‘Since February, we have been waiting for the Metropolitan Police to decide whether they intend to use live facial recognition surveillance again. If they do, we’ll take them to court.
‘Live facial recognition doesn’t fit in a democracy and we will fight until it is banned,’ he said.
Expert View: What Are Your Rights With FRT?
Speaking to Artificial Lawyer, Renzo Marchini, a partner at UK law firm, Fieldfisher, focusing on privacy, security and information, explained some of the ethical and legal concerns around FRT.
Generally, FRT is considered to be useful to the Government for law enforcement purposes, however there are widespread concerns that it violates individuals’ human rights and privacy, and there are worries that it tends to be biased against ethnic minorities. There are also issues around data protection.
‘The legal concern is that we have these laws which say that you need to comply with data protection law if you process data about people, and data protection law sets out high level principles about giving people choice, giving people control. But, how do you give people choice and control, if these cameras are out there automatically scanning our faces?’ Marchini said.
‘There are exceptions to the requirements to get consent … those exceptions might in theory be applied to the police, [but] they still need to be applied properly, proportionately, with due regard to the legitimate concerns of individuals,’ he added.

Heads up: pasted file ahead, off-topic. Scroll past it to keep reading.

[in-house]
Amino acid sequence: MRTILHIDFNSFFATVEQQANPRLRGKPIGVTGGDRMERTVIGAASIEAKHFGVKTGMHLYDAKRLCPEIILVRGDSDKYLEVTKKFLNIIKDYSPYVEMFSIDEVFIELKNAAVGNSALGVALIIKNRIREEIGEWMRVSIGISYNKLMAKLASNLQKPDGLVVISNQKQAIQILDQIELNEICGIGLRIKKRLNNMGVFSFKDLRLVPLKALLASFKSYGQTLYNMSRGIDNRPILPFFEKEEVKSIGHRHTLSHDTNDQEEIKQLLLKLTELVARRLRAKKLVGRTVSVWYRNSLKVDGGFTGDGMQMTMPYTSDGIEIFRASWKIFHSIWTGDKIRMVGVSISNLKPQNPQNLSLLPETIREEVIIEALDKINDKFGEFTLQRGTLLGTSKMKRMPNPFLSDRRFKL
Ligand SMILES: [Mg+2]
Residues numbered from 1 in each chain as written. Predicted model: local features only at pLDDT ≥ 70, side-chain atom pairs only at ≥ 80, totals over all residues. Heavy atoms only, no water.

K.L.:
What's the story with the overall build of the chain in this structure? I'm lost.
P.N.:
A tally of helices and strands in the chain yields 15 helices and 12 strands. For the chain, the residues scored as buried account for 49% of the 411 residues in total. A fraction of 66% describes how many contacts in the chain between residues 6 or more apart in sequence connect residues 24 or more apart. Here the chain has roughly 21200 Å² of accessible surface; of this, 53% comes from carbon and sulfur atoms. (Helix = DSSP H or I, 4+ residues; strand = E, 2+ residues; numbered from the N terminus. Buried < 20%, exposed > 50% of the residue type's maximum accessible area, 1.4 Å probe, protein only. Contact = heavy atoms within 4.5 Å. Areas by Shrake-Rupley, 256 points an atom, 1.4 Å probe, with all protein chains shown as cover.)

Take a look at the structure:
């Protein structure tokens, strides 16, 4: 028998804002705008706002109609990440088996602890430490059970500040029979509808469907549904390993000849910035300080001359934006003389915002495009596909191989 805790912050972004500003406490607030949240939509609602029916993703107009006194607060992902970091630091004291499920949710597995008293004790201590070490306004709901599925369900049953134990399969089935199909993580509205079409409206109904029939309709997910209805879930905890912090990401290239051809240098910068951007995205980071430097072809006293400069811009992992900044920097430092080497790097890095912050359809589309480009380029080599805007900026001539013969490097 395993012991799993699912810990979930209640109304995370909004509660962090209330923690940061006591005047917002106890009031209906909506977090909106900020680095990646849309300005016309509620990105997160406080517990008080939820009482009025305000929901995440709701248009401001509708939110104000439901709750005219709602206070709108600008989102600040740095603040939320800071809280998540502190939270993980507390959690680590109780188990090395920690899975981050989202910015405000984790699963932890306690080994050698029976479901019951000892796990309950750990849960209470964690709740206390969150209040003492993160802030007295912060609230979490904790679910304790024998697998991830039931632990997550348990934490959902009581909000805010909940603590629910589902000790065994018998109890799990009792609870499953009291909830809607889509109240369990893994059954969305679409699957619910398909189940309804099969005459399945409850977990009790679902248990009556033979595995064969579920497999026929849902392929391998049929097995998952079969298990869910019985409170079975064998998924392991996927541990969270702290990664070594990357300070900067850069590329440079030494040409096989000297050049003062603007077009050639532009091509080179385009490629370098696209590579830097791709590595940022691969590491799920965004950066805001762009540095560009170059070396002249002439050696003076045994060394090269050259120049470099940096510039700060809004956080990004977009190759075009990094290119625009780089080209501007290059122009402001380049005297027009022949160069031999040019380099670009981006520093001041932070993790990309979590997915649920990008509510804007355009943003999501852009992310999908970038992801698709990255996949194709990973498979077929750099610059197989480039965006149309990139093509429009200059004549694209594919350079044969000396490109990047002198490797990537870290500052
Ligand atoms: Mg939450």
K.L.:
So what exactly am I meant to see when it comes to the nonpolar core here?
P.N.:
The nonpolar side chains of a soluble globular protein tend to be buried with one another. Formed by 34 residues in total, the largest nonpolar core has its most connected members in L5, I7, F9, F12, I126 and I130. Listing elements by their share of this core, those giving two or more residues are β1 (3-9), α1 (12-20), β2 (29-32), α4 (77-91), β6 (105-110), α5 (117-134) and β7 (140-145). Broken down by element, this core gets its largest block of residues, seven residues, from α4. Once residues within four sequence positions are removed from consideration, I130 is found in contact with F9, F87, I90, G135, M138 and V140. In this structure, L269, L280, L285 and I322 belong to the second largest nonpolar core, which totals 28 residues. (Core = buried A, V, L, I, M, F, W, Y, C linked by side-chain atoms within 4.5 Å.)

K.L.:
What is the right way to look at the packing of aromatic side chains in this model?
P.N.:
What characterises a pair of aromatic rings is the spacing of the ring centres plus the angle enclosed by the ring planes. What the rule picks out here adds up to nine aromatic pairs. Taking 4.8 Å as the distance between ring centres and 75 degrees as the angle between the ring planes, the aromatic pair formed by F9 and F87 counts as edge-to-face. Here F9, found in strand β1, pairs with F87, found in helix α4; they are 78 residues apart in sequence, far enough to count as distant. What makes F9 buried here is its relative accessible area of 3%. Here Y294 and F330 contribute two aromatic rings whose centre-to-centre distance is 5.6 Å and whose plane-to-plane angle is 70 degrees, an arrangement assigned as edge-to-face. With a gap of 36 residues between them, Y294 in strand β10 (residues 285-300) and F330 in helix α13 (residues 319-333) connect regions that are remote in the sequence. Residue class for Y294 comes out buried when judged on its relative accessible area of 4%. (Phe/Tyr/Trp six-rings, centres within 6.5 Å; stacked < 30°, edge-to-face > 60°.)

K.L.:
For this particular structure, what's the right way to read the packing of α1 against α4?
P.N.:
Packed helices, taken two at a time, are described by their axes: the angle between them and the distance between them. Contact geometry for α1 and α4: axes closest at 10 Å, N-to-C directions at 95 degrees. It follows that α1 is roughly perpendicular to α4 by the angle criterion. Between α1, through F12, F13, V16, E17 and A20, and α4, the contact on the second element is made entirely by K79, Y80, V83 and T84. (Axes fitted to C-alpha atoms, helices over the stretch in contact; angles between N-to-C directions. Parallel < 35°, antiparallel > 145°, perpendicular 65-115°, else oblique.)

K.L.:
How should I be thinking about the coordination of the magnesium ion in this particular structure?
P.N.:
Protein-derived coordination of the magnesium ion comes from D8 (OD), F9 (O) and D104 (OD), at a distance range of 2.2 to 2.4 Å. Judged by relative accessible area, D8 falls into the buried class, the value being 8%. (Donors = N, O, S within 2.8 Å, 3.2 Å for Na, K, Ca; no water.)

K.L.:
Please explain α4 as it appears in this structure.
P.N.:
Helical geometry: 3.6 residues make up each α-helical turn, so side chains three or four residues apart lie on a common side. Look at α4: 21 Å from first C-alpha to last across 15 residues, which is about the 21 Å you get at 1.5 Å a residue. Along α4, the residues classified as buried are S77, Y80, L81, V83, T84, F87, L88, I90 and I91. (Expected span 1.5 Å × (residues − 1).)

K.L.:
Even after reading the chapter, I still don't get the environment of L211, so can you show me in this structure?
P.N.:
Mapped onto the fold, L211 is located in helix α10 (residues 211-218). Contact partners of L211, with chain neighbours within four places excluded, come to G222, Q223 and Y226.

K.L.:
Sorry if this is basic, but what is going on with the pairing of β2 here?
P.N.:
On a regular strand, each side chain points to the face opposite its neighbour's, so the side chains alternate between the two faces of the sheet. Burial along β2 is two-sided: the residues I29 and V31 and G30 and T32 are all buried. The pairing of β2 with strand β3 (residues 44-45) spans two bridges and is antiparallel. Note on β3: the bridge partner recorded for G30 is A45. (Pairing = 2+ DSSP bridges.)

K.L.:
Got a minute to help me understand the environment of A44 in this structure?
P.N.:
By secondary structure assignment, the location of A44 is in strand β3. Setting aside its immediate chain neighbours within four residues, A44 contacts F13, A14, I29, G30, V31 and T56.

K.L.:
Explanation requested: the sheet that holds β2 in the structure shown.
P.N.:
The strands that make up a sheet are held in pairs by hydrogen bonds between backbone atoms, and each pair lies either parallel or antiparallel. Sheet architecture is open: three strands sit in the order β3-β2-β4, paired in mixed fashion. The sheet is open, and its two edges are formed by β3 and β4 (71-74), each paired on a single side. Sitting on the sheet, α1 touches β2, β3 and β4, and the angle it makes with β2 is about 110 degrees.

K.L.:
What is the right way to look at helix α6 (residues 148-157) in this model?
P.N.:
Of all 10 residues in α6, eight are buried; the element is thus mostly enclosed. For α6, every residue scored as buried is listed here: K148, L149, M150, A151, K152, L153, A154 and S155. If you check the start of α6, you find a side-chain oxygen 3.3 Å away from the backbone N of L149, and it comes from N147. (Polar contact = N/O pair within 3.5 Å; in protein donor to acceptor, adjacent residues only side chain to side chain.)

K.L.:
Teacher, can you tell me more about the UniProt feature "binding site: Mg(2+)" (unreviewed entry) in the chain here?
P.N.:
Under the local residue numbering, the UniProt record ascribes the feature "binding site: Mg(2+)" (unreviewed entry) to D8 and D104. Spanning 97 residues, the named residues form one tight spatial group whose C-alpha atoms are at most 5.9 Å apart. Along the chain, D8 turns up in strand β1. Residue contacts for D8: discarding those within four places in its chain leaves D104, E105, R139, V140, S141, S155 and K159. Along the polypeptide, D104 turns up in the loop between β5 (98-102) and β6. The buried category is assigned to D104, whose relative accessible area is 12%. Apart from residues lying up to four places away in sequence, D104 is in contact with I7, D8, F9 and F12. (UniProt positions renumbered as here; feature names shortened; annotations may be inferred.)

So, what legal action can be taken by people or organisations regarding FRT?
‘People could sue for damages. The regulators [and courts] can say ‘stop, you are behaving unlawfully’. But, proving damages, [and] suing for money is hard because you normally have to prove that this cost you money out of your pocket, and that money is being taken out of your pocket [because] your face is on a database or being checked against a watchlist,’ Marchini explained.
He added: ‘In theory you could sue for something called ‘distress’. [For instance] ‘I was distressed that I was being filmed and checked,’ but that is going to be hard to prove. So it’s going to be actions to tell people to stop, rather than actions to get compensation [that will be brought to court], at least I think in the short term.’
While there are clearly now multiple efforts to curtail the use of FRT in the public realm, the reality is that the genie is already out of the bottle and there is no way to put it back.
The efforts above range from limited bans within the public sector, to reviews of new implementations of the tech, to specific court cases against police use of FRT. In short, it’s a patchwork of efforts, and there are huge gaps between them. Many examples also tend to focus on State-backed projects, rather than in the private sector – which is also experimenting with the tech, often in the public domain.
Meanwhile, the technology and its use is still rapidly spreading around the world, and there remains as yet no fully tested national position on its use in countries such as the US and UK.
By Irene Madongo